Book Review: The Blue Eyed Shan by Stephen Becker

The Blue-Eyed ShanThe Blue-Eyed Shan by Stephen Becker

My rating: 4 of 5 stars

Here’s an amazing historical fiction adventure about some of the little known sections of “old” Burma. If you have visited modern Myanmar in the south of the country, don’t expect this to be a joy ride through the places you are familiar with. Our story is set in the north east of the country in 1949-50 when the world was very different from today. WWII historians of Burma will remember that Merrill’s Marauders jungle crashed for months on end to take the Japanese occupied town of Myitkyinia in Northern Burma. Then following the war, Mao Tse-Tung chased many of the Nationalist Chinese army under Chiang Kai-shek, the Kuomintang, into the highlands of Burma. They fled with their weapons, south into the Golden Triangle of Burma ultimately taking over the opium trade. Against this background, our hero, Greenwood, an anthropologist, is pulled into WWII to work as an OSS because he speaks Shan and has lived in the hills as a Shan tribesman in Northern Burma. Following the war, Greenwood returns to America, becoming a Professor of anthropology in university life. Growing jaded with civilization, he decides to revisit his Burmese wife in the up-country village of Pawlu. Of course, in the intervening years, life in Burma has changed. The village has a new religious leader, a green skinned man, formerly a slave in the tin mines. The local wild head-hunting mountain tribes now have more modern weapons and are a threat to the village and to any strangers crossing their territory. The dwindling Kuomintang under a failed general and womanizing Russian are searching for a place to call home. Armed with his favorite weapon, a Thompson machine gun, Greenwood and his guide set off into the unknown to find his wife and daughter and alter forever the fate of the village of Pawlu.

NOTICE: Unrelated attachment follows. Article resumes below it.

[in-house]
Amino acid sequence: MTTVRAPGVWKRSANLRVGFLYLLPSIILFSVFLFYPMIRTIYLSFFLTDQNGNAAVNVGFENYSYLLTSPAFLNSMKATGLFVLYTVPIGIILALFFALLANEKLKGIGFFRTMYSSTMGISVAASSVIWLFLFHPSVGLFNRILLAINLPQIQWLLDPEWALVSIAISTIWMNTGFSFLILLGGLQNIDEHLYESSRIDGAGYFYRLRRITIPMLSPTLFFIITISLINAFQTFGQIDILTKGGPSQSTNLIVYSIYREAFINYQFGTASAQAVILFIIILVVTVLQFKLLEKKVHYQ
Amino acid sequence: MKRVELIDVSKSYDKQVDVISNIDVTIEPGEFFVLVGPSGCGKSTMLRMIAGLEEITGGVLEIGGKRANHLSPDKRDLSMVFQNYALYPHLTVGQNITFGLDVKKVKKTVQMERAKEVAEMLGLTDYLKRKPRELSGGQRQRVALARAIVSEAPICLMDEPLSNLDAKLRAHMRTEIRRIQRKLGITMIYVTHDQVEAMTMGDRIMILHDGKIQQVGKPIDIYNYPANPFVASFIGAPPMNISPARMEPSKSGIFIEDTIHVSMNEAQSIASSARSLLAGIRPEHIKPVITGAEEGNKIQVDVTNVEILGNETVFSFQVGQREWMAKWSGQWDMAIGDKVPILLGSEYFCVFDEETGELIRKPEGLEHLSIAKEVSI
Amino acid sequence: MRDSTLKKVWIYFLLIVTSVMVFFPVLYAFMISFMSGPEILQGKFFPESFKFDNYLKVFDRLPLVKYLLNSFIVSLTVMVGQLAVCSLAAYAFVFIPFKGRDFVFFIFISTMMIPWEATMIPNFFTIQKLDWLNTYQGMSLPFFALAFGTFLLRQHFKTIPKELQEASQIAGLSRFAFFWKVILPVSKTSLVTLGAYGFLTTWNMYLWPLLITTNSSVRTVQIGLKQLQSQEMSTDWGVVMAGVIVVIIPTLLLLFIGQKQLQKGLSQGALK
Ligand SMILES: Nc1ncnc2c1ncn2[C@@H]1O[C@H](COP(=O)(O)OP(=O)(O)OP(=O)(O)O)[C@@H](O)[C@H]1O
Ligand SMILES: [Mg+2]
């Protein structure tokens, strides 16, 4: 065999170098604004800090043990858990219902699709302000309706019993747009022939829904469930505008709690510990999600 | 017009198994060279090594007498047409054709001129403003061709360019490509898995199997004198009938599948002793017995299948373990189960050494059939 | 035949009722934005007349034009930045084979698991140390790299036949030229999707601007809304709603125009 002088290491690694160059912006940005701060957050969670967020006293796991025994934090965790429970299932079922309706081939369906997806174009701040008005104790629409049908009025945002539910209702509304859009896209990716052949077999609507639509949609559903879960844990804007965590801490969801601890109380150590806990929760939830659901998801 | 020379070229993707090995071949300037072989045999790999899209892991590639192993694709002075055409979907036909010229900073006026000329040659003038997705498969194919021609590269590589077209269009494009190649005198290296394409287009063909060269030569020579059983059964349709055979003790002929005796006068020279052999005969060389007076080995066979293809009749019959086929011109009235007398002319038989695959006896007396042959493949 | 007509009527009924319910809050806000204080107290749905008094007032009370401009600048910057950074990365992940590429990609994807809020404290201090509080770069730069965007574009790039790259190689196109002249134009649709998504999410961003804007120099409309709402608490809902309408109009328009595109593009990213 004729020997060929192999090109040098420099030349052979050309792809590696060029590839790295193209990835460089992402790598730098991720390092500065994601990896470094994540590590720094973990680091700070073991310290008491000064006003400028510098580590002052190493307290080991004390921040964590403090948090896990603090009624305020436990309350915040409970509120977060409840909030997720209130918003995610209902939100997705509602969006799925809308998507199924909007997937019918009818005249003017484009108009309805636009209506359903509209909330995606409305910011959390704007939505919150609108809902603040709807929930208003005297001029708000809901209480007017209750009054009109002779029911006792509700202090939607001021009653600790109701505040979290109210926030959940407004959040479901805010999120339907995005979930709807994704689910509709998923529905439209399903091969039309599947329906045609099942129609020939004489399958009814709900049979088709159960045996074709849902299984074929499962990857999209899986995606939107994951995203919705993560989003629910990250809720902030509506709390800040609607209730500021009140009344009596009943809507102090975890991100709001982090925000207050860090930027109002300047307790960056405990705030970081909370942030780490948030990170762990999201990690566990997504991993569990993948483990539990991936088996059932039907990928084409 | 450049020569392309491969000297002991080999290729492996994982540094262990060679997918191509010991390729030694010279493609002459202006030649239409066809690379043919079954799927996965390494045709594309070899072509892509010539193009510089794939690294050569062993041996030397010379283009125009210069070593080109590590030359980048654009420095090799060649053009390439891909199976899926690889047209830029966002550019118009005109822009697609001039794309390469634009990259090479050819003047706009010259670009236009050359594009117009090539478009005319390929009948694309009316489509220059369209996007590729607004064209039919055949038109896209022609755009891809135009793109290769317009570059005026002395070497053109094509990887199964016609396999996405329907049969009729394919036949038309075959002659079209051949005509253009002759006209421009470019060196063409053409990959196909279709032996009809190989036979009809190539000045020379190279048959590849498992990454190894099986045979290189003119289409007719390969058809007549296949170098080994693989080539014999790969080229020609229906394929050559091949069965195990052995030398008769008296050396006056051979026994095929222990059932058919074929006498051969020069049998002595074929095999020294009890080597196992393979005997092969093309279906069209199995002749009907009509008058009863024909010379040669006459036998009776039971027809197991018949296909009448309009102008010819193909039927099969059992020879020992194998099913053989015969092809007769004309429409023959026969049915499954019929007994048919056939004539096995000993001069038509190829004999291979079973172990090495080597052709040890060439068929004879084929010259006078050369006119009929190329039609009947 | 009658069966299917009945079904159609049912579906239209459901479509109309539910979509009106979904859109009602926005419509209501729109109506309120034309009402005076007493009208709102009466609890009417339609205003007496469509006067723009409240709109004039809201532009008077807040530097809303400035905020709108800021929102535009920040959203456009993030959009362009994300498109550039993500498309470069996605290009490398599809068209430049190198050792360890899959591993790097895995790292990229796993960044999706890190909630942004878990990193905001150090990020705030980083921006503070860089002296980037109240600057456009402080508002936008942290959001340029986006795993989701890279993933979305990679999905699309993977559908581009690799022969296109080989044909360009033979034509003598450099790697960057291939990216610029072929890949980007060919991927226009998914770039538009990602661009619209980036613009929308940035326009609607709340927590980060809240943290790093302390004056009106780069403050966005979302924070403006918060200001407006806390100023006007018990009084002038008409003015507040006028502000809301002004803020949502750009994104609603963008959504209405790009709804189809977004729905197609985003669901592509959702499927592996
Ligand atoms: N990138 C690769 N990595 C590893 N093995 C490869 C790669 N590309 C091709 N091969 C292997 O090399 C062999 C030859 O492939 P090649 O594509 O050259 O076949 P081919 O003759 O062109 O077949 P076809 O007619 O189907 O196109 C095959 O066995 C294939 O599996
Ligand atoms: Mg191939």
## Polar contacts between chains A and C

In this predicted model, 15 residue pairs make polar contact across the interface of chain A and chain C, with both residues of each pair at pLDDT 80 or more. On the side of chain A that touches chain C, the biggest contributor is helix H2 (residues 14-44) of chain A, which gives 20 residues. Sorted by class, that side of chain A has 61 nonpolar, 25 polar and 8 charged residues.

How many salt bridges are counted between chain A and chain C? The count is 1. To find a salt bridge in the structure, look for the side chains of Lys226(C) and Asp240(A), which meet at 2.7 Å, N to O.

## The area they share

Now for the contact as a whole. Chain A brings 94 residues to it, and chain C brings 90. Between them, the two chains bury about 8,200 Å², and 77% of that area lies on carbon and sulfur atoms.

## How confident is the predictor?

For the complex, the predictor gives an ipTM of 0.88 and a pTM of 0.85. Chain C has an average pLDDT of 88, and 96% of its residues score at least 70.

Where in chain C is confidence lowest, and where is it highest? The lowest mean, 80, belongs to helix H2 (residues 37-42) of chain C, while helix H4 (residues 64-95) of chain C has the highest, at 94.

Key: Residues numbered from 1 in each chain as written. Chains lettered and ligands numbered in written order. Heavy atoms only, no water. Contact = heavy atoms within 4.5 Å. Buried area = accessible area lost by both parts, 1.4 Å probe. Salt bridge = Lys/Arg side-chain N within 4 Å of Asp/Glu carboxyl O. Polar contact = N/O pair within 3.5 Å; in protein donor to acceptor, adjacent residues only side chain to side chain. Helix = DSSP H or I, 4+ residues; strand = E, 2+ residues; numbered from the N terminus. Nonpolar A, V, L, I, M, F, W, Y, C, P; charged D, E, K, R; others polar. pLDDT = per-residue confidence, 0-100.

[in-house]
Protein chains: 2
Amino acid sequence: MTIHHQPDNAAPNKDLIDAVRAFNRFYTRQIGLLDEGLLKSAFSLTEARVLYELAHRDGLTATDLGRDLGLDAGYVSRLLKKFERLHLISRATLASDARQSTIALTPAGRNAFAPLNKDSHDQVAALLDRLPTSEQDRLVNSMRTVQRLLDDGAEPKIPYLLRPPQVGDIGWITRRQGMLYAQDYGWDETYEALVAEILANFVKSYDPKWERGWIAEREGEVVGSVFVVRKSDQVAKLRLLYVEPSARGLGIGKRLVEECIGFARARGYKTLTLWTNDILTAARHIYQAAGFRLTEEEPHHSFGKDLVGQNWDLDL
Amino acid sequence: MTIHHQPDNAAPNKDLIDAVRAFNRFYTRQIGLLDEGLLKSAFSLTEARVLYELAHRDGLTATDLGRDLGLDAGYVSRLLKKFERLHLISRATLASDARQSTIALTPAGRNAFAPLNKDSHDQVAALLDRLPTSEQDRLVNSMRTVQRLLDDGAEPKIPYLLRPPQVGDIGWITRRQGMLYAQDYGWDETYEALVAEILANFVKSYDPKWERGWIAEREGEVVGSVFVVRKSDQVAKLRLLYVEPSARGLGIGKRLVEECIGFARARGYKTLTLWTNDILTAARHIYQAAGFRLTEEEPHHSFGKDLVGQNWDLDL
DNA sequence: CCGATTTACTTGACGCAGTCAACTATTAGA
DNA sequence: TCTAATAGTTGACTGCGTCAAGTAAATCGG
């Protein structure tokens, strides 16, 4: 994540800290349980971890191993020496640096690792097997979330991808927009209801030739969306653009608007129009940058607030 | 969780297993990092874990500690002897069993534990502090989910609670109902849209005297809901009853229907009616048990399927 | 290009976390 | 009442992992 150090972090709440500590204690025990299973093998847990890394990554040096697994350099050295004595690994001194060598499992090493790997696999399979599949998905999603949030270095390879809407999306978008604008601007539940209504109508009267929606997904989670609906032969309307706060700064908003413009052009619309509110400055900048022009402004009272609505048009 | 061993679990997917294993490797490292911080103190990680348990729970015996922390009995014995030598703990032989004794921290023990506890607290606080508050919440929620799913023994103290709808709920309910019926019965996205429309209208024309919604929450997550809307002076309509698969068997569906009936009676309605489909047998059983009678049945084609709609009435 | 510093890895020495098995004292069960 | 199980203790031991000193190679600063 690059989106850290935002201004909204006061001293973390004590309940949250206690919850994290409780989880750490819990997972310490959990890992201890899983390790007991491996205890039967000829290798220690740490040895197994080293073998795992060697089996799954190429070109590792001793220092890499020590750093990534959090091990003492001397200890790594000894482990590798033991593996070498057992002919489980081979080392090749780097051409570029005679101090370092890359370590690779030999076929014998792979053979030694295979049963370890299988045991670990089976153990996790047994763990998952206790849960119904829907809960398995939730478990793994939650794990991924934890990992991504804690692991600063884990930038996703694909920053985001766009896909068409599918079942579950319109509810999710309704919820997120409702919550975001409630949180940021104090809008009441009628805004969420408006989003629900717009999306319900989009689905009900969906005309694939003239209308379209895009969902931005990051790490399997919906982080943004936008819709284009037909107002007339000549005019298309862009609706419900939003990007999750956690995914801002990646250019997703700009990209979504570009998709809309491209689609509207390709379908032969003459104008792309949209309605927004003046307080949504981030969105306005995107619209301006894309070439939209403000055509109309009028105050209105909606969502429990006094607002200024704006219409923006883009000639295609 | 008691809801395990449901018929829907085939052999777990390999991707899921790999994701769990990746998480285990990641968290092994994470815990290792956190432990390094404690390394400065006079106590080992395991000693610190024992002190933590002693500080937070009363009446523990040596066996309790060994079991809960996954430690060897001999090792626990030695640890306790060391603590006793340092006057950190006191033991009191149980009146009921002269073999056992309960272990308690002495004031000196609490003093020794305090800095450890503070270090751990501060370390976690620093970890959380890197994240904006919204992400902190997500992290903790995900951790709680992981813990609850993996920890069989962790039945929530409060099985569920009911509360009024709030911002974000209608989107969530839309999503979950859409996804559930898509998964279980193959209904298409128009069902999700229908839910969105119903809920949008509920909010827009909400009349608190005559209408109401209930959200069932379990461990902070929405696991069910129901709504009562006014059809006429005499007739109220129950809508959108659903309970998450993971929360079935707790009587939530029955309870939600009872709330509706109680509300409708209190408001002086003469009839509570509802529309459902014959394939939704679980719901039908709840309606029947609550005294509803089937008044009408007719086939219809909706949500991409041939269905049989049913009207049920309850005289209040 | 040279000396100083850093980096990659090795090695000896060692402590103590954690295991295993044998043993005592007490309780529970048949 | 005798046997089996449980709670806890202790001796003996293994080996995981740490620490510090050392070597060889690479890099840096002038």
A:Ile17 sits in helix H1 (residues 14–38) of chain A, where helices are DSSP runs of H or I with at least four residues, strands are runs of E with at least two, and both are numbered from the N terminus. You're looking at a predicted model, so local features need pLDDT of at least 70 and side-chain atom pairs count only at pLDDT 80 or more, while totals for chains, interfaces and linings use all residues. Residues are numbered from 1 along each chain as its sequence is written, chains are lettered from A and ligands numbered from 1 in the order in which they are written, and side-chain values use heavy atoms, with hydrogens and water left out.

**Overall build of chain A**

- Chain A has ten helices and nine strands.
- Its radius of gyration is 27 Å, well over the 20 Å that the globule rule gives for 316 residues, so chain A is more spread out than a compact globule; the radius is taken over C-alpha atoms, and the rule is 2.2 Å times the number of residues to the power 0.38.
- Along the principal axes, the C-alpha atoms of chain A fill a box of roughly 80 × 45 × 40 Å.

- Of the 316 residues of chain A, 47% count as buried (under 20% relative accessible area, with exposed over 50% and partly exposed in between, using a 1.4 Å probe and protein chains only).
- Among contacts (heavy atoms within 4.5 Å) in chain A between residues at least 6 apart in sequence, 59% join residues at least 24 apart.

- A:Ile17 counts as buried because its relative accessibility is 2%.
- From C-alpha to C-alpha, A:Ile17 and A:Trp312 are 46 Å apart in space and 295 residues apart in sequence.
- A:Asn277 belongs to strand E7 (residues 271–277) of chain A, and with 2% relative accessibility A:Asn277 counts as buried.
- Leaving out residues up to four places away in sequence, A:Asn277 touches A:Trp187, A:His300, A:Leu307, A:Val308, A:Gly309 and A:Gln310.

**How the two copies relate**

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3 Comments on “Book Review: The Blue Eyed Shan by Stephen Becker

    • GP,
      Yes, he sticks to a fairly good time frame and from my own readings and visiting the country I would say he has things down pretty accurately on Geography and the time line. About the up-country tribes, I don’t know because I haven’t been further North than the Southern edge of the Golden Triangle. Anymore you need special permits to go into that area, as it is disputed territory still controlled by the remains of the old Kuomintang families,

      Liked by 1 person

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